In the final installment of our five-part series, “Millennials,” we discuss how people of this generation are doing volunteer work as a way to learn valuable skills and make connections while they continue to search for work.
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Millennials are volunteering their time as a way to gain experience and make contacts that could help lead them to jobs.

For a generation often accused of being self-absorbed and narcissistic, millennials are managing to prove preconceptions wrong by volunteering in record numbers.

The 2013 Millennial Impact Report finds that 73 percent percent of young people  volunteered for a non-profit in 2012.

While social involvement from the younger generation has been relatively constant throughout history, the collapsing economy made many issues come to the forefront for this generation.

“Whether that was their parents savings account or the jobs that were available, I do think it has made it young people more aware of having to do something about these problems,” said Jennifer Kim, state director for New Jersey Public Interest Research Group (NJPIRG).

The study found that when it came down to picking causes, passion for a cause highly influenced which non-profits millennials volunteered for.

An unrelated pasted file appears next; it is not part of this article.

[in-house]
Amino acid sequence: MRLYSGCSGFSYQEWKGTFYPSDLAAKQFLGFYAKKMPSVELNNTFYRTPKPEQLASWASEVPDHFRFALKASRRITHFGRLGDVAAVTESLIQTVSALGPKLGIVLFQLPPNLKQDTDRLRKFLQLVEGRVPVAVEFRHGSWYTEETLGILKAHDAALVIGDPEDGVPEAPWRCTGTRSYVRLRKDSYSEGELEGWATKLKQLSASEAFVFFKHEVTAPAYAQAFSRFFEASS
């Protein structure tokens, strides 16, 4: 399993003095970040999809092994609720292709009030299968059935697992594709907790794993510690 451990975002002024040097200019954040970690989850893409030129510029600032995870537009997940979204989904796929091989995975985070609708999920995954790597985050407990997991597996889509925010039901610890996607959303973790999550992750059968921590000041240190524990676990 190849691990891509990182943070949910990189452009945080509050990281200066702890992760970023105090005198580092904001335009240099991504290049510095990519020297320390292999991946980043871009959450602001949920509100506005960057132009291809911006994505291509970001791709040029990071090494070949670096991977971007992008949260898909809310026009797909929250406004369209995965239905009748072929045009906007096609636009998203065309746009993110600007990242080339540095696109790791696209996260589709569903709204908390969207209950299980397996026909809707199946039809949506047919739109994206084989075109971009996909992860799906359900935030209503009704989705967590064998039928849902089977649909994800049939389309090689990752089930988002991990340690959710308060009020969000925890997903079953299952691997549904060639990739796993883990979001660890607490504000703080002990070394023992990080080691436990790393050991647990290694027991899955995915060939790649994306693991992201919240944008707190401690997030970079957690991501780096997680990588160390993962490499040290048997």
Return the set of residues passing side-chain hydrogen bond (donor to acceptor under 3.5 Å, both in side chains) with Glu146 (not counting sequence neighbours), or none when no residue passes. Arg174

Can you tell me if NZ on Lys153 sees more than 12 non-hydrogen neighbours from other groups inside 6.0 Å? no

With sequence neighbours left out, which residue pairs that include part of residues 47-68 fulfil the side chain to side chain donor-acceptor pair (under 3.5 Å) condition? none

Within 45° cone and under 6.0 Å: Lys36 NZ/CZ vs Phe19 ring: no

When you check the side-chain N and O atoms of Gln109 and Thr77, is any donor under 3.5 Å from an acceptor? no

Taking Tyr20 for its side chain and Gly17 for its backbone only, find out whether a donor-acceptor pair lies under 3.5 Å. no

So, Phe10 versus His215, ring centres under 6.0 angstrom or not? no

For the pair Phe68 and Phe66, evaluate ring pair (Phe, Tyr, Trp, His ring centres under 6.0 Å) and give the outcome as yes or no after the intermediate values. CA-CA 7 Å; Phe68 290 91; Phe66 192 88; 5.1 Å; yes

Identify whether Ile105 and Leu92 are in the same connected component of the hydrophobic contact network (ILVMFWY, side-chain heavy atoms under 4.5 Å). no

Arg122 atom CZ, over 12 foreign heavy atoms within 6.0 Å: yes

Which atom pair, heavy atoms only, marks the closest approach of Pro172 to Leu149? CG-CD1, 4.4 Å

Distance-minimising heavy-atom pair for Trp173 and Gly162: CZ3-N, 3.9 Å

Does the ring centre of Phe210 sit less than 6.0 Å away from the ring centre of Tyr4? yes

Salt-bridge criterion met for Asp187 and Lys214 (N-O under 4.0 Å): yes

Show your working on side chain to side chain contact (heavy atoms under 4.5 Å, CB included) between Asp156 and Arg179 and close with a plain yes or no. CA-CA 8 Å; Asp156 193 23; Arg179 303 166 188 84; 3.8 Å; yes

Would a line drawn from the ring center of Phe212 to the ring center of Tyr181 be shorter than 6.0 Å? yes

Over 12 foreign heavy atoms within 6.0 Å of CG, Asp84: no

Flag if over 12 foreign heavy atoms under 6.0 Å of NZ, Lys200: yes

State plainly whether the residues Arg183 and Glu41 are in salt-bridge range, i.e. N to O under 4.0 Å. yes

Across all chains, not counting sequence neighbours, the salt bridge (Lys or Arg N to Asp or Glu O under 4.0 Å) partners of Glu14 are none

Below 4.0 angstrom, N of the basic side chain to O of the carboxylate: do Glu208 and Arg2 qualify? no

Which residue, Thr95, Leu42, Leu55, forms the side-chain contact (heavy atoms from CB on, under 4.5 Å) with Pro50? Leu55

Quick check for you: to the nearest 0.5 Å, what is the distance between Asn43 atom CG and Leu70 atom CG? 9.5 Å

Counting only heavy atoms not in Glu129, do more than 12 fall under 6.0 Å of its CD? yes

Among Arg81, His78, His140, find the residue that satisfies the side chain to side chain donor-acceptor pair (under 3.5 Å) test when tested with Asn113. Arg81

“whether its student debt directly affecting their bank account after college or global warming affecting the world they live in, or the job market affecting what kind of work they can get after college,” explained Kim.

With many young people unable to find work, many see volunteerism as a way to learn valuable skills and make even more valuable connections.

“Those skills become invaluable later on in life and they help you no matter what your career is,” said Kim.

The causes are important to millennials beyond the time they spend volunteering. A 2012 survey conducted by the Intelligence Group finds 61 percent of millennials find a brands alignment wit social causes to be “somewhat” to “very important”.

Click below to view previous stories in our "Millennials" series: